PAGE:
How to measure AC waveform using scope?

Discussion in 'General Electronics Chat' started by simpsonss, Jan 20, 2010.

  1. simpsonss

    Thread Starter Active Member

    Jul 8, 2008
    173
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    hi,

    ABCD0010.jpg

    For more easy understanding i attached the diagram above. Can anyone teach me how to measure the A,B,C,D point by using oscilloscope? To where should i clip the black(earth) of the scope so that i can measure all the points?

    thank you.
     
  2. russ_hensel

    Well-Known Member

    Jan 11, 2009
    818
    47
    Anywhere. Volatge can be read between any two points. You may need to refine your question. ( while anywhere some scopes are connected to ground on their input, if so you must connect its ground to a grounded point on your circuit if any )
     
  3. simpsonss

    Thread Starter Active Member

    Jul 8, 2008
    173
    0
    hi,

    ok.if let say i want to get the ripple waveform from the POINT B? how should i connect the black color wire of my probe? or do u mean i dont have to connect the black color wire but just measure the point using the probe?

    thank you.
     
  4. 3ldon

    Active Member

    Jan 9, 2010
    82
    3
    this circuit just isn't going to work for you without an isolation transformer, or make very sure your o'scope isn't grounded or you have a differential oscope probe (dubious/expensive)
    Or feed your o'scope from an ungrounded isolation transformer, or use a digital unit that connects to a laptop and unplug it while probing on a line connected device.

    i've learned some of this the hard way repairing power supplies.
     
    Last edited by a moderator: Jan 21, 2010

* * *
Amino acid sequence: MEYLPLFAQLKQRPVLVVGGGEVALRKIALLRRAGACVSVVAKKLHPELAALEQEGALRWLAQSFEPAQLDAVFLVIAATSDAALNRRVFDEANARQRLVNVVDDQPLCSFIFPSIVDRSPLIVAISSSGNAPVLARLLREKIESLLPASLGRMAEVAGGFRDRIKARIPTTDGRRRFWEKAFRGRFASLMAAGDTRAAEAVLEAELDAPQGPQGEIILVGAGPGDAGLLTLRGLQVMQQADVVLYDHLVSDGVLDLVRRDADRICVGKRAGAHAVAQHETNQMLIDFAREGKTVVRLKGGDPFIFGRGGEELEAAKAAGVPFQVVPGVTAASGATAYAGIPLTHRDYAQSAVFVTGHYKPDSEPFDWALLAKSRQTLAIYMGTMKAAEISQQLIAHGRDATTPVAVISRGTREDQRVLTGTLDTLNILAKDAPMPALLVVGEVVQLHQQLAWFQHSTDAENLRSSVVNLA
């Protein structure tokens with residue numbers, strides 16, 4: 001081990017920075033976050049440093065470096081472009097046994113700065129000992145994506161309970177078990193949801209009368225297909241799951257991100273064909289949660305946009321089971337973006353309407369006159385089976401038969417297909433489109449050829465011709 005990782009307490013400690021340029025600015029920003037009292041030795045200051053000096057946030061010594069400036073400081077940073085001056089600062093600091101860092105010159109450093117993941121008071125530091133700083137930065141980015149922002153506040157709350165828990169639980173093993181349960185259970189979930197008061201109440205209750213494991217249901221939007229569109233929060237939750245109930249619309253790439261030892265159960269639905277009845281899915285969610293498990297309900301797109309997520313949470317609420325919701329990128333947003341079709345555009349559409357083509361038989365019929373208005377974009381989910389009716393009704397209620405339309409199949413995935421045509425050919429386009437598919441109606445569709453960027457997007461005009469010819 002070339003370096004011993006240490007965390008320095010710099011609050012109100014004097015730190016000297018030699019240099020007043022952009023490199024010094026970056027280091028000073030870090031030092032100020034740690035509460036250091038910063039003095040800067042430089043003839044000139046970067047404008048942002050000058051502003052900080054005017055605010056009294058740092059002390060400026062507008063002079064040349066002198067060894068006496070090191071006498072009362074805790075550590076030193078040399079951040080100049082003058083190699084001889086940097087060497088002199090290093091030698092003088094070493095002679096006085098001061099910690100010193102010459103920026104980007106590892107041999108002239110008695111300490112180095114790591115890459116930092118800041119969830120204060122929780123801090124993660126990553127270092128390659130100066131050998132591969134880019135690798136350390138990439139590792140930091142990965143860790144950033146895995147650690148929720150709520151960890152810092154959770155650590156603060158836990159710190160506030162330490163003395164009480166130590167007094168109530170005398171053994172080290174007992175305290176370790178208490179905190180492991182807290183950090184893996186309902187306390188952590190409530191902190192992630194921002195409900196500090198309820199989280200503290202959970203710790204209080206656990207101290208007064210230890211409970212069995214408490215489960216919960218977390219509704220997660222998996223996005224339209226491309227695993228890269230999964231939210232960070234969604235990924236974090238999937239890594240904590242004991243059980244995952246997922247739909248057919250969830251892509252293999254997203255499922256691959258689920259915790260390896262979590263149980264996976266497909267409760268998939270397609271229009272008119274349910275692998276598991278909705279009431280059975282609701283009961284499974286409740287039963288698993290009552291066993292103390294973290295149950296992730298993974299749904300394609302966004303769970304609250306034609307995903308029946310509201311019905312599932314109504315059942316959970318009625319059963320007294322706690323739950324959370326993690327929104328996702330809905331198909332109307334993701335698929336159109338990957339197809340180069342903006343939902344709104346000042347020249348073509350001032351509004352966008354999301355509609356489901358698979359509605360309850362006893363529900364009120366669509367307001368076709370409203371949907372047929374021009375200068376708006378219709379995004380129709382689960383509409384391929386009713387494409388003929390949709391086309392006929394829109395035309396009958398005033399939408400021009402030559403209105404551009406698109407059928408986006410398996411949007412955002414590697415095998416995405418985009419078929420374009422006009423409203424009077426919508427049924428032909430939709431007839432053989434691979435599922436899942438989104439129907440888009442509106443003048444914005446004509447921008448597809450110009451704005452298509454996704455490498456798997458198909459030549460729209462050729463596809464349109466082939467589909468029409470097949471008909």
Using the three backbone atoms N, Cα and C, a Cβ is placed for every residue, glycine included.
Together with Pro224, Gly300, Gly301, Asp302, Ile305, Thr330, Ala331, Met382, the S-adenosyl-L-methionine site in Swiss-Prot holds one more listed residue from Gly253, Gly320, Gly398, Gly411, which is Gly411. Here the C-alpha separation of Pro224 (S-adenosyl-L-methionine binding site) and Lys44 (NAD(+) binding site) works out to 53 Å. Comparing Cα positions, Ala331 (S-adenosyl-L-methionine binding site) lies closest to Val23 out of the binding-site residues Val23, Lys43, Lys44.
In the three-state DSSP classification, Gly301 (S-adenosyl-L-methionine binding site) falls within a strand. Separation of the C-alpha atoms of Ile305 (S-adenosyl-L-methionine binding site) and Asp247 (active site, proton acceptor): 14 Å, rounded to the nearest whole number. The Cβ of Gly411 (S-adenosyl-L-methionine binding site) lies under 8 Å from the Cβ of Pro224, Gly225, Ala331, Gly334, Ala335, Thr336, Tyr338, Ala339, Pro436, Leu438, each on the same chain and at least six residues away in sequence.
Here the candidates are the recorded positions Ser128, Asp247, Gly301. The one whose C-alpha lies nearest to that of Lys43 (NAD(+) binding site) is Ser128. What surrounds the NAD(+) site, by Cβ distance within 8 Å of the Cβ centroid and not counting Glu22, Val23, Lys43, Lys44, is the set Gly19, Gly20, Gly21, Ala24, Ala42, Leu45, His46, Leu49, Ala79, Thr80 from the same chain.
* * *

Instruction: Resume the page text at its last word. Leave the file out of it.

5. simpsonss

    Thread Starter Active Member

    Jul 8, 2008
    173
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    So if i don't have any isolation transformer, is there any other ways to measure it.( i very sure that my scope is grounded).

    Can u explain about this way in more detail? What is the digital unit that u mean?

    thank you.
     
  6. BillB3857

    Senior Member

    Feb 28, 2009
    2,400
    348
    If you have a dual channel scope, check to see if there is an "ADD" function where the two inputs are added together. If so, use one as the "common" and measure with the other. Scope remains grounded and safe. Please be aware that playing with "mains powered" circuits without fully understanding what is going on can be very dangerous....even deadly:eek:
     
  7. simpsonss

    Thread Starter Active Member

    Jul 8, 2008
    173
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    Hi Bill,
    i have a dual channel scope and it has the "ADD" function too.what u mean by use one as the common? ok let say i have CH1 and CH2. so i push the switch of the scope to add function. So black color wire of the probe for CH1 and CH2 go to ?

    thank you.
     
  8. creakndale

    Active Member

    Mar 13, 2009
    68
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  9. BillB3857

    Senior Member

    Feb 28, 2009
    2,400
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    All signals must be referenced to something. In your drawing, you could simply use the built in scope ground and only one channel to look at the various points. Your Point D, for example, would show very little signal other than what may be seen across the dual inductor in the line filter. Point C would show the incoming line voltage. Point B would show negative going full wave rectified voltages and Point A would show Positive going full wave rectified voltages. (The signals would only be seen if you took the filter cap that is between A and B out of the circuit. Otherwise, without a load, it will charge to the peak voltage of your incoming line and just show DC levels.)